Newsletter: Canada’s second chance on LNG, and more . . .

Our newsletter: 01 February 2024

Second chance on LNG exports?

The U.S. pause on LNG projects offers Canada a ‘second chance’ to be a global LNG player, says Enbridge CEO Greg Ebel.

‘It’s not very often that you get a second chance on an opportunity,” he told The Calgary Herald. “And I think this may perhaps bode extremely well for that second chance, from a policy and support perspective in Canada — if we take advantage of it.

“The second chance is to play a bigger role in energy transition beyond our borders. We have the skill set, we have the resources. Do we have the will to play a bigger role in other parts of the world?”

Federal Energy Minister Jonathan Wilkinson also saw some opportunity — with conditions. “But it’s on the basis of Canada offering the lowest carbon intensity natural gas in the world, and ensuring we’re linking it to the displacement of heavier hydrocarbons like coal.”

At the same time, The Globe and Mail quoted our Alliance CEO, Karen Ogen: “B.C.’s natural gas travels nearly 5,000 kilometres across North America to get to export facilities on the Gulf Coast. It’s a ludicrously indirect route that sends our natural gas south of the border. Canadians could be exporting our own natural gas at a fraction of the distance.”

And she said: “Canadians – and in particular, Indigenous Canadians – should be the ones to receive the rewards of training, jobs and business opportunities that come with a thriving LNG industry. . . . This isn’t just about building big projects, it’s about lifting our Indigenous communities out of poverty.’

Karen will also address talk about Indigenous opportunities — and transforming Indigenous equity partnerships — when she speaks in May to the International Gas Research Conference at Banff. And in June she’ll speak at the Indigenous Partnerships Success Showcase in Vancouver. (See Dates, below)

Cedar LNG graphic map

Indigenous LNG hits from BC

Our social media channels also drew strong interest with two items from BC:

First, our blog: How the Haisla Nation entered the LNG business, how it came to plan Cedar LNG as an Indigenous-controlled LNG project, and how it all gave goosebumps to elected chief councillor Crystal Smith.

As she says, Cedar LNG is “s the largest Indigenous-owned and Indigenous-led investment in the world — majority-owned by the Haisla.”

As the Haisla looked into opportunities over the last 10 years, “LNG came out in the lead with regards to what we would be able to bring to our community.”

And: “Prior to LNG Canada announcing their positive FID (Final Investment Decision) I often talked about the hope that we had in regards to changing individual lives, and we’ve seen that come to fruition.

“I’ve witnessed members as young as 20-25 getting their own mortgages and having their own homes within our community. I’ve witnessed members taking vacations to Mexico, Hawaii, Disneyland.

“But the most important portion of seeing a lot of the hope come to fruition is our language and our culture.”

And second: Indigenous LNG: Reconciliation at work. How BC LNG projects create opportunities and benefits for Indigenous people and communities.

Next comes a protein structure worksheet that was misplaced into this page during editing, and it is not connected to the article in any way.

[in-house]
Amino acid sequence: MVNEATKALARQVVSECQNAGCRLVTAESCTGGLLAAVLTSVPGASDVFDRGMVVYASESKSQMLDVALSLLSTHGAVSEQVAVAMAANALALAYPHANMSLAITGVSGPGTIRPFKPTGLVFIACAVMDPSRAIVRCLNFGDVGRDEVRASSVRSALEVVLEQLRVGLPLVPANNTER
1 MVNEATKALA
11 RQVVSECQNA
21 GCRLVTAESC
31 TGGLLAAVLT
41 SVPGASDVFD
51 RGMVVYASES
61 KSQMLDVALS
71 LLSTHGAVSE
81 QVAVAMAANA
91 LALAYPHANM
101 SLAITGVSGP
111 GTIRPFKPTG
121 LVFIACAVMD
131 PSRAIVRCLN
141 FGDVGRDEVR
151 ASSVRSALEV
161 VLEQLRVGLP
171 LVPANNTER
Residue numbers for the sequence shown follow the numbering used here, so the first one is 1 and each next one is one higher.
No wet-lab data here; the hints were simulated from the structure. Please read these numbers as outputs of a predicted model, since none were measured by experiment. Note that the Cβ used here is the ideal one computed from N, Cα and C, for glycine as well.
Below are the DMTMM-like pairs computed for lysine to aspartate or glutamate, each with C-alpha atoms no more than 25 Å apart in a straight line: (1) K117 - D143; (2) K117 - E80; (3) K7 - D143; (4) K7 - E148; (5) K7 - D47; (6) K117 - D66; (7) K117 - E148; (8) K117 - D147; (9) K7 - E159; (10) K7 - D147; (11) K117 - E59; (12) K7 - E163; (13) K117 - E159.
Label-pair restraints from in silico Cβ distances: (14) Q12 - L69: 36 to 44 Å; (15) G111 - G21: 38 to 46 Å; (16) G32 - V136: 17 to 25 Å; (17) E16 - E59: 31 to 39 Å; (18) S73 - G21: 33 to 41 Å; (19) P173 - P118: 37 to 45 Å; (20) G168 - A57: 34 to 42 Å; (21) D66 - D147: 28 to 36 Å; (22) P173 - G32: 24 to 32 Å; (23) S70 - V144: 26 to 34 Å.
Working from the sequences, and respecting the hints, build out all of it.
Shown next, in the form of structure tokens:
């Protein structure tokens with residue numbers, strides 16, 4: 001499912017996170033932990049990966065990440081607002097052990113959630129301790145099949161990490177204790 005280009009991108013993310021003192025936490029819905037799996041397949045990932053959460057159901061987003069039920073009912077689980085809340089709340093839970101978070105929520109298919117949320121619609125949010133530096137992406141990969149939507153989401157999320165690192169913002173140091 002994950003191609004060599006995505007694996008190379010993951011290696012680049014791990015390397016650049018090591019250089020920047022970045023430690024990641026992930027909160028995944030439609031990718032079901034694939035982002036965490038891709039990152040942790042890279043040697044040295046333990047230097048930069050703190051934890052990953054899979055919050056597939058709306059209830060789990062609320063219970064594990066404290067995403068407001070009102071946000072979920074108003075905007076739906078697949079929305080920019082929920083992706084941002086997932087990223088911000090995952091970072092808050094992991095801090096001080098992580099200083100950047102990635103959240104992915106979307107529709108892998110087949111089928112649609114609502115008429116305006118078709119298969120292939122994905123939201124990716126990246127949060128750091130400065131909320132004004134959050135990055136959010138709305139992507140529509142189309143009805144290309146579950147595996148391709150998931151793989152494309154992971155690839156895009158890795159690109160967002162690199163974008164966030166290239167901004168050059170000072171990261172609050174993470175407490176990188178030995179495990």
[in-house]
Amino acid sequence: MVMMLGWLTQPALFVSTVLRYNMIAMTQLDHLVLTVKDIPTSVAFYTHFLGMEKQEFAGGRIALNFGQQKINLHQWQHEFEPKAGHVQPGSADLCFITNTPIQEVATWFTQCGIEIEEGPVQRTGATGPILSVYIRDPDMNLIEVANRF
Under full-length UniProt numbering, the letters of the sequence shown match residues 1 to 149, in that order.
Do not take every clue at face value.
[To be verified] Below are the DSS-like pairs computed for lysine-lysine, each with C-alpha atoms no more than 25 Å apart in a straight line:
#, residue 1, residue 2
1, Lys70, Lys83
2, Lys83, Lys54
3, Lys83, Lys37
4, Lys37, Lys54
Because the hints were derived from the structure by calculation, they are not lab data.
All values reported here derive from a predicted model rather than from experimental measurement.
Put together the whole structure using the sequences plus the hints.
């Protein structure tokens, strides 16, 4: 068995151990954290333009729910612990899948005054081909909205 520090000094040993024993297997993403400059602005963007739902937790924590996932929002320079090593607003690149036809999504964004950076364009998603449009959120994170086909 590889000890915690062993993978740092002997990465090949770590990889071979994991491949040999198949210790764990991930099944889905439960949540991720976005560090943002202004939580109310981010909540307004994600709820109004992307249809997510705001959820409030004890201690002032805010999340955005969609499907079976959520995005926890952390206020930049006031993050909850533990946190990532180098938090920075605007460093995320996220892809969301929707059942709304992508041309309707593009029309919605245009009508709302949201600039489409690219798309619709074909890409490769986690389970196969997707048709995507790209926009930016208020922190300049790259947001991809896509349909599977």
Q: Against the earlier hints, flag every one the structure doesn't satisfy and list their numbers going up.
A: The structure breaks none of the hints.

Join our webinar February 21

Don’t miss our free webinar on Feb. 21. Our experts look at what impact Ottawa’s cap on oil and gas emissions would have on the Canadian economy — and on First Nations.. Register via the QR code in the graphic above, or

Women’s gathering set for Prince Rupert

Registration is open for the Nation2Nation Women’s Gathering, in Prince Rupert April 25 & 26. Early-bird prices are available until Feb. 25. Please register here: The Alliance is proud to be a partner in this event.

Battery plant graphic

Indigenous clean-energy news

  • The Malahat Nation is in talks for a potential lithium battery assembly plant on Vancouver Island, an idea (illustrated above) that’s being described as Canada’s first Indigenous-led gigafactory:
  • Saskatchewan First Nation to buy power from $200-million solar project in which it is a partner:
  • Partnering with Indigenous communities will be important for Ontario’s clean energy target, says Ontario’s Electrification and Energy Transition Panel:
  • Five Mi’gmaq communities partner in the Neweg windfarm project in New Brunswick:
  • Federal list of 27 Indigenous-led natural climate-solutions projects 2023–2024:


  •  Canada’s energy industry dismayed by President Joe Biden’s move to pause approvals of new LNG export terminals in the US:
  • The Canadian Gas Association to Prime Minister Trudeau: “We must maintain natural gas as an option for reliability, for affordability, and for sustainability.”
  • Development in the Montney Formation is the main reason why BC’s gas production more than doubled between 2010 and 2022:
  • Australia-based Woodside Energy hopes to help supply Ksi Lisims LNG with natural gas from the Liard Basin in BC:
  • Canadian natural-gas exports to the US in 2022 were worth $24.6 billion. And they also helped the US economy, generating US$2.4 billion in value-added:
  • Woodfibre LNG’s worker ‘floatel’ gets finishing touches at North Vancouver drydock:


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